John 1: 15, 26 - 27, 29 - 30, 35 - 36 (RSV):

[15] (John bore witness to him, and cried, "This was he of whom I said, `He who comes after me ranks before me, for he was before me.'")
,,,
[26] John answered them, "I baptize with water; but among you stands one whom you do not know,
[27] even he who comes after me, the thong of whose sandal I am not worthy to untie."
...
[29] The next day he saw Jesus coming toward him, and said, "Behold, the Lamb of God, who takes away the sin of the world!
[30] This is he of whom I said, `After me comes a man who ranks before me, for he was before me.'
...
[35] The next day again John was standing with two of his disciples;
[36] and he looked at Jesus as he walked, and said, "Behold, the Lamb of God!"

Note the Word-Play: "After me comes a man who ranks before me, for he was before me". Bilgah is the 15th Mishmarot Group and it was deprecated in the eyes of the Priesthood. Immer follows Bilgah and is "...after me..." but Immer "...ranks before me..." since Bilgah has committed a transgression against the Mishmarot Priesthood.

John is of Bilgah, the created "Jesus" character is of Immer. In support of your position, there has to be a transition from the Hebrew Story to the Greek and some "Hebrew Thinker" plausibly could have made a rough translation and passed the results on to someone who has been commissioned to provide the Greek Structure to support the coming savior/god stories. The wretched grammar may be an artifact of this process. When did the very cynical process become "Holy Scripture"?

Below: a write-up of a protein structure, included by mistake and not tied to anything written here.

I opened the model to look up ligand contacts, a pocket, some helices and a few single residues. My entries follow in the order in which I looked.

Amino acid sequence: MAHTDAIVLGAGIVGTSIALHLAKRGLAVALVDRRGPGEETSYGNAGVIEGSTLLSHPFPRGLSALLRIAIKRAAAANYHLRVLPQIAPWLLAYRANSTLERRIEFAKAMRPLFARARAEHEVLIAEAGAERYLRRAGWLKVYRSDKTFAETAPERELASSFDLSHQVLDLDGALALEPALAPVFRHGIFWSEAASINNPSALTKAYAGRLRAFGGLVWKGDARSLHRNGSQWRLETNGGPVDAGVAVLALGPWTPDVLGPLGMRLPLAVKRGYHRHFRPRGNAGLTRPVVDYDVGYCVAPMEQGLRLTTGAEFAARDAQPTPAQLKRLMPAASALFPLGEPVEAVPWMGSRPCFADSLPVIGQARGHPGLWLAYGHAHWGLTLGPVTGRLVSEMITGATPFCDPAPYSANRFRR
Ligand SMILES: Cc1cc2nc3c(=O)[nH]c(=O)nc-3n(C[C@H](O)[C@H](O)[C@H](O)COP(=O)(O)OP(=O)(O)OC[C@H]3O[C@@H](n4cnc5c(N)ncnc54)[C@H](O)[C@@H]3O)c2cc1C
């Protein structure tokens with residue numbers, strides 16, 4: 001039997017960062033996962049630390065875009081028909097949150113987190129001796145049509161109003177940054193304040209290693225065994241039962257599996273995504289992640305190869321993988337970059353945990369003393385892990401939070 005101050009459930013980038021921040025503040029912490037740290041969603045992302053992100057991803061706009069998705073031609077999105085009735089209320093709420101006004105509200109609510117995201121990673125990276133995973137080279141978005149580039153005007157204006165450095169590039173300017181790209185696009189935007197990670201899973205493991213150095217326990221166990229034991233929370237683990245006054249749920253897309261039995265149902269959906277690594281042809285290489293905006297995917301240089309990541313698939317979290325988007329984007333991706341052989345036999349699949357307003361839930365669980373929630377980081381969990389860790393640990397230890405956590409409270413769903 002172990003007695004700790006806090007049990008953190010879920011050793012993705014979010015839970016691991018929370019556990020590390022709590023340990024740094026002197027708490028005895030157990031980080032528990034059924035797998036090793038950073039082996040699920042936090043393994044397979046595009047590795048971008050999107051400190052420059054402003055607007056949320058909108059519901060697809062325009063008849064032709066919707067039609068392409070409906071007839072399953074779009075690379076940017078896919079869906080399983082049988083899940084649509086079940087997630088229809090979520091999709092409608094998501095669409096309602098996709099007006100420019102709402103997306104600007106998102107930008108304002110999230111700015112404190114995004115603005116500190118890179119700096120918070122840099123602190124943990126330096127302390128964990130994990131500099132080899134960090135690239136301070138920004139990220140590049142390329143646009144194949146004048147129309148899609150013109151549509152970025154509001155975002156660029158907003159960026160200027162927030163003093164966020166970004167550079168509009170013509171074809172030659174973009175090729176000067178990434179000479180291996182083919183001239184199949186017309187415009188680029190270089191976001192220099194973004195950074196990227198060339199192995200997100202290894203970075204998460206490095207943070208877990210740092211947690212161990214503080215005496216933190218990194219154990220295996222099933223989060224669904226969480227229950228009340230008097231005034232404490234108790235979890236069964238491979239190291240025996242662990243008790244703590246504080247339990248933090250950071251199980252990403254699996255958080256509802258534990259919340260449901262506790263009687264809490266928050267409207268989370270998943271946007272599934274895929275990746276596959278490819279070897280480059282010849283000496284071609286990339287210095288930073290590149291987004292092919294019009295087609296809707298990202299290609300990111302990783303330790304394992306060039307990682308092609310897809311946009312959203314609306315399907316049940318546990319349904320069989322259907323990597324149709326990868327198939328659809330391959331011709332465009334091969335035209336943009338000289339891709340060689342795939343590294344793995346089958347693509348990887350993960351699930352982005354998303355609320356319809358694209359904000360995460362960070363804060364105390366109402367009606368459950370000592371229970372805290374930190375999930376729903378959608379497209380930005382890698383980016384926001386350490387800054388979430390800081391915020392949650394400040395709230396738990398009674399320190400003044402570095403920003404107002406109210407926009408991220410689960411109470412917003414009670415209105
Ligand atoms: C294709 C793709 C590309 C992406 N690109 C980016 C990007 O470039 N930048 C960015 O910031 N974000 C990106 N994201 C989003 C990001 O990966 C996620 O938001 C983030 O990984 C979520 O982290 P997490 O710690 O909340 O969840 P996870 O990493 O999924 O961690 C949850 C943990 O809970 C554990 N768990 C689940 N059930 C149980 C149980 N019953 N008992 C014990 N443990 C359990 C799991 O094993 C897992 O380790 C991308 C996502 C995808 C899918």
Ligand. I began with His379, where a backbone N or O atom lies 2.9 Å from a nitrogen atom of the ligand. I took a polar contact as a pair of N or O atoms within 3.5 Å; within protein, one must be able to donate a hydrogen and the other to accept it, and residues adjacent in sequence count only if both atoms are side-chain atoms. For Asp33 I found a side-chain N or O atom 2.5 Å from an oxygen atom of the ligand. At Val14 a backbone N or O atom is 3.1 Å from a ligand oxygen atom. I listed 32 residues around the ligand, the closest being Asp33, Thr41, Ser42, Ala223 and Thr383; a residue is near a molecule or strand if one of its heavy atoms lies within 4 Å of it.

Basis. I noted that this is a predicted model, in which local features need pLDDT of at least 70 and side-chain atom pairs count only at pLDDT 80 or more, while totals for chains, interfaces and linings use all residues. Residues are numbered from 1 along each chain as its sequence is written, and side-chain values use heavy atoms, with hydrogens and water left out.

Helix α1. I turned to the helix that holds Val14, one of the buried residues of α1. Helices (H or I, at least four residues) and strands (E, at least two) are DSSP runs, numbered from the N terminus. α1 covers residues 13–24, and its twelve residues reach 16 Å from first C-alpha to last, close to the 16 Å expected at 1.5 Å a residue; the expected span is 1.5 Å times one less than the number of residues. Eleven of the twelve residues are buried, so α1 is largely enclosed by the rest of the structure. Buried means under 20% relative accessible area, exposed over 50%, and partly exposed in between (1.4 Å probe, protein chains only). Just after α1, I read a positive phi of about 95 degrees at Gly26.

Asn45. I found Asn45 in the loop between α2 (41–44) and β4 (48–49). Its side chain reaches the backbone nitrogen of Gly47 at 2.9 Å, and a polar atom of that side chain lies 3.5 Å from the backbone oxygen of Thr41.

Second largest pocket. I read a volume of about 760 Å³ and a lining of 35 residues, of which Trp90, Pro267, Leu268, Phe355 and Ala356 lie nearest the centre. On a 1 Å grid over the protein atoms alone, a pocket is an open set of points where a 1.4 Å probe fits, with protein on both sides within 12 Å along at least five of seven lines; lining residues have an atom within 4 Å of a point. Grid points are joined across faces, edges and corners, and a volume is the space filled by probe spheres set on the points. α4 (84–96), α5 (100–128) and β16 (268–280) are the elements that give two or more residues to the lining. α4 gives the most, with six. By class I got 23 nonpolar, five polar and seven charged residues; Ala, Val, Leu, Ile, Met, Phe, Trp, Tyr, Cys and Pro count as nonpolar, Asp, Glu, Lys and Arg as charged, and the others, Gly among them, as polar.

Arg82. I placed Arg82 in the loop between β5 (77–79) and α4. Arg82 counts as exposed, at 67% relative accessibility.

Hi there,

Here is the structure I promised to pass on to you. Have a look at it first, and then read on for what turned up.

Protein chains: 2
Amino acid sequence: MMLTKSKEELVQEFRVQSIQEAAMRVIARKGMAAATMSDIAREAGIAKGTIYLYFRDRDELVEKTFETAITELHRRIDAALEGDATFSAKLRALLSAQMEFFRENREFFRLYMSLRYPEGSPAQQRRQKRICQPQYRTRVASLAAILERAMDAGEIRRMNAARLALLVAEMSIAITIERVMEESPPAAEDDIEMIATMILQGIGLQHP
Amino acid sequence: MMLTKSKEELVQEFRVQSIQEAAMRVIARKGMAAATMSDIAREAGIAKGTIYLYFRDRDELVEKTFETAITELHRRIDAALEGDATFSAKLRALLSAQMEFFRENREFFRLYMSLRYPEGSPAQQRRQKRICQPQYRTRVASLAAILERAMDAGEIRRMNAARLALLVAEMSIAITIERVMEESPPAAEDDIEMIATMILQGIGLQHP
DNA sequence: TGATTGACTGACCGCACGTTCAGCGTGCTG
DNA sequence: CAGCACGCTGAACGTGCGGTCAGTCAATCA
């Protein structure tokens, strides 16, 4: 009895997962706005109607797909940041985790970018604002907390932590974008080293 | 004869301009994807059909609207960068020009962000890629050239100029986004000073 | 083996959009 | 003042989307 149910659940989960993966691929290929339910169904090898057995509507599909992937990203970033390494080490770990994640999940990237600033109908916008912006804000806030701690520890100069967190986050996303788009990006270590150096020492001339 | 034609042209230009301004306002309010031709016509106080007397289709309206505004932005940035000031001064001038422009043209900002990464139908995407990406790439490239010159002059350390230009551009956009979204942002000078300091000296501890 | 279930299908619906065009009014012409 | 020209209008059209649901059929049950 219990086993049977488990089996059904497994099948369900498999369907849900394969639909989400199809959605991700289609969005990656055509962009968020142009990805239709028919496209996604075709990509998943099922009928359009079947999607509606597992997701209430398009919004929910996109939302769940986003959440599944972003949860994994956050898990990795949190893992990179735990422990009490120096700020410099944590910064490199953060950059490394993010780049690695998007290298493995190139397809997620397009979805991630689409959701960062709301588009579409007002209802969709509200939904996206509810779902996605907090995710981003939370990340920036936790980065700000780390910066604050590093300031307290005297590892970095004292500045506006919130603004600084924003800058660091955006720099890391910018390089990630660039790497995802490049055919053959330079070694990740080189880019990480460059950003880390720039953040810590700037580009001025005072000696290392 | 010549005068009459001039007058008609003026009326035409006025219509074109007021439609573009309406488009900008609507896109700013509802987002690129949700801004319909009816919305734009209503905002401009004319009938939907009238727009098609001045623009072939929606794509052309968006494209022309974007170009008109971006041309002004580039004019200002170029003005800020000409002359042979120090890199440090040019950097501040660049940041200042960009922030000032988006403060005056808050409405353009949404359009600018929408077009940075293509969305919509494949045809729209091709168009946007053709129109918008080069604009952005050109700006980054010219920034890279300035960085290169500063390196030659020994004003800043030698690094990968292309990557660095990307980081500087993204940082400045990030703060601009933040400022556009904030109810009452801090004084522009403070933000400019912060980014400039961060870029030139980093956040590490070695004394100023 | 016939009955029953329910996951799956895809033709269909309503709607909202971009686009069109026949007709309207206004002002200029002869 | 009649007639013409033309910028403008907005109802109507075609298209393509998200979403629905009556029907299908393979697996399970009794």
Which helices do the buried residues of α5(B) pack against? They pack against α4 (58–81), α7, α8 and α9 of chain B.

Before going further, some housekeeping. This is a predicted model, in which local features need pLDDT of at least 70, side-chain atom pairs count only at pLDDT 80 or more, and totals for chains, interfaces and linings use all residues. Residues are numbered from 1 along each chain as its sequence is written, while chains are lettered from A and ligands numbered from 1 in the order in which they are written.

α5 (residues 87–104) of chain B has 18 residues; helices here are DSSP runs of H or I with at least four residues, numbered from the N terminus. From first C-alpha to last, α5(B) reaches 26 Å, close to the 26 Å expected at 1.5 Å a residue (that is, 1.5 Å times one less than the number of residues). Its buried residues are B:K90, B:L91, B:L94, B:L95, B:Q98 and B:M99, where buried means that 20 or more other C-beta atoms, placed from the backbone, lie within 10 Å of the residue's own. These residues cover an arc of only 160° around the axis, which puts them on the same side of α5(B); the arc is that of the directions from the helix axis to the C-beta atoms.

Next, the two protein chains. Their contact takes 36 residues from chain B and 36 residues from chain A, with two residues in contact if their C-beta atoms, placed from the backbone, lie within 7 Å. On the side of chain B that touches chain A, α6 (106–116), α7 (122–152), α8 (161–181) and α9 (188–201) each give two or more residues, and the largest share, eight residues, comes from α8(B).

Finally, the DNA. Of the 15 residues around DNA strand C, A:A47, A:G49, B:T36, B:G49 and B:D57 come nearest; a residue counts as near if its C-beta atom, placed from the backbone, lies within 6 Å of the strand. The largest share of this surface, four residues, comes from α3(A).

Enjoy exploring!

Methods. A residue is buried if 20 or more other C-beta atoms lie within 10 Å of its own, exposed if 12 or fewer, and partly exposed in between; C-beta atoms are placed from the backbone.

I cannot state with certainty that you are wrong. It was certainly a "Process". Existence, however, is not a predicate. To state that "Lamb is a synonym for Jesus" is to posit a Jesus that existed, at least in a limited grammatical/logical sense. The Book of John takes this and runs with it, turning a Story of a Passover Slaughter into the story of a savior/god who was the Passover Lamb.

Thus was Human Sacrifice reinstated, something a "Hebrew Thinker" would never allow - unless he was a "Contract Writer" or an observer of the Culture. All, of course, after the Destruction of the Temple, Jerusalem and the Nation of Judea.